14. ^ West, Mick. "In Defense of Debunkers". csicop.org. CSI. Retrieved 26 July 2018.
  15. ^ "Escaping the Rabbit Hole". skyhorsepublishing.com. Skyhorse Publishing. Retrieved 26 July 2018.
  16. ^ West, Mick (2018-09-16). "How to pull a friend out of the conspiracy theory rabbit hole". Salon. Salon Media Group, Inc. Retrieved 18 September 2018.
  17. ^ Jarry, Jonathan. "Conspiracy Theories and How to Break Free". YouTube. University of McGill. Retrieved 3 January 2019.
  18. ^ Ward, Celestia (2019). "A Skeptical Guide through the Conspiracy Rabbit Hole". Skeptical Inquirer. 43 (1): 56–57.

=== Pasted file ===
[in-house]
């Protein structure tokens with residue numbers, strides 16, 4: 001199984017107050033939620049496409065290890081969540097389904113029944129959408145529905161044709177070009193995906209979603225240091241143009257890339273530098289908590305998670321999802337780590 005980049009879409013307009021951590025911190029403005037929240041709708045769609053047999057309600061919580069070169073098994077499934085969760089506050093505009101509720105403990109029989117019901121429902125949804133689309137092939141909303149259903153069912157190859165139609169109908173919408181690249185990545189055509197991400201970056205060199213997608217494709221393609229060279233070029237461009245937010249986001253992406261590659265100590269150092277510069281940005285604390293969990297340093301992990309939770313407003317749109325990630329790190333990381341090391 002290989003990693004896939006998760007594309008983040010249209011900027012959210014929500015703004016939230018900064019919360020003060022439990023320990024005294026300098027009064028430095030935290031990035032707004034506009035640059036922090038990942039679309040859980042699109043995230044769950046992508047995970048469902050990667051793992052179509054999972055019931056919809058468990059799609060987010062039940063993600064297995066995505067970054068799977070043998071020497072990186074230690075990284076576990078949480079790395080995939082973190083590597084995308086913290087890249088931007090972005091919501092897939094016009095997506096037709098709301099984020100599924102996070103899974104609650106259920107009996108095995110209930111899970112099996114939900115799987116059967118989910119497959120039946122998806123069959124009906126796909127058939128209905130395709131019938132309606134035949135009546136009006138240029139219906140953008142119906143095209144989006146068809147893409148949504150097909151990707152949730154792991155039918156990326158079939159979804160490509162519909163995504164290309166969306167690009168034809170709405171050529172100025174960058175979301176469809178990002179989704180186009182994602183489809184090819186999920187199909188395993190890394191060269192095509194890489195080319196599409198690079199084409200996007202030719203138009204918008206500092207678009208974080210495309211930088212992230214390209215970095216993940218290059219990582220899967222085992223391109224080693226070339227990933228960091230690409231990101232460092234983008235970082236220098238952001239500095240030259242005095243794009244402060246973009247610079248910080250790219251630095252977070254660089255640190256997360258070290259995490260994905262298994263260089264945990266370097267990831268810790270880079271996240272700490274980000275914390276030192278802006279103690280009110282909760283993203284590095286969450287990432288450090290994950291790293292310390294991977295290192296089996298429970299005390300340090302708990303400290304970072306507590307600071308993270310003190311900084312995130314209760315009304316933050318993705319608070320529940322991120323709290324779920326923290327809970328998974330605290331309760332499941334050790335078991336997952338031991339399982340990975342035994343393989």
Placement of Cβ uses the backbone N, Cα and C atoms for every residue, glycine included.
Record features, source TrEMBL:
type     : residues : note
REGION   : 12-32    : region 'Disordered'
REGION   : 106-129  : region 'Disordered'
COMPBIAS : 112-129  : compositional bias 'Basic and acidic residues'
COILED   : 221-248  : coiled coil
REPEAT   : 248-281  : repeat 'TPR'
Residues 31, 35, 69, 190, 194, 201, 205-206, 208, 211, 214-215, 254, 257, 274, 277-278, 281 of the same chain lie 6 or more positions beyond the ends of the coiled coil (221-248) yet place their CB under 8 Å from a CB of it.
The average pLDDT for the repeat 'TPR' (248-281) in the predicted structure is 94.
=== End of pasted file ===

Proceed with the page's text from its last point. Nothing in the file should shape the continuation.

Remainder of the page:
19. ^ West, Mick. "Tales from the Rabbit Hole". TFTRH.com. Mick West. Retrieved 13 June 2019.
  20. ^ Martin, David. ""Missile Mystery" Laid to Rest". cbsnews.com. CBS Interactive Inc. Retrieved 26 July 2018.
  21. ^ "Mystery solved: 'Mystery missile' just a jet". scpr.org. Southern California Public Radio. 2010-11-11. Retrieved 25 July 2018.
  22. ^ "The man who debunks conspiracy theories". radionz.co.nz. Radio New Zealand. 2016-09-21. Retrieved 27 July 2018.
  23. ^ "212 Where Conspiracy Theories Come From & Which Do Humans Prefer – Strict or Loose Rules?". somethingyoushouldknow.net. Something You Should Know. Retrieved 7 October 2018.
  24. ^ Rogan, Joe. "JRE #1052 - Mick West". joerogan.net. Joe Rogan. Retrieved 25 July 2018.
  25. ^ "Overcast". overcast-the-movie.com. Dedal Films. Retrieved 26 July 2018.
  26. ^ "Overcast - an Investigation Into Climate Engineering". worldfilmpresentation.com. World Film Presentation. 2016-02-28. Retrieved 26 July 2018.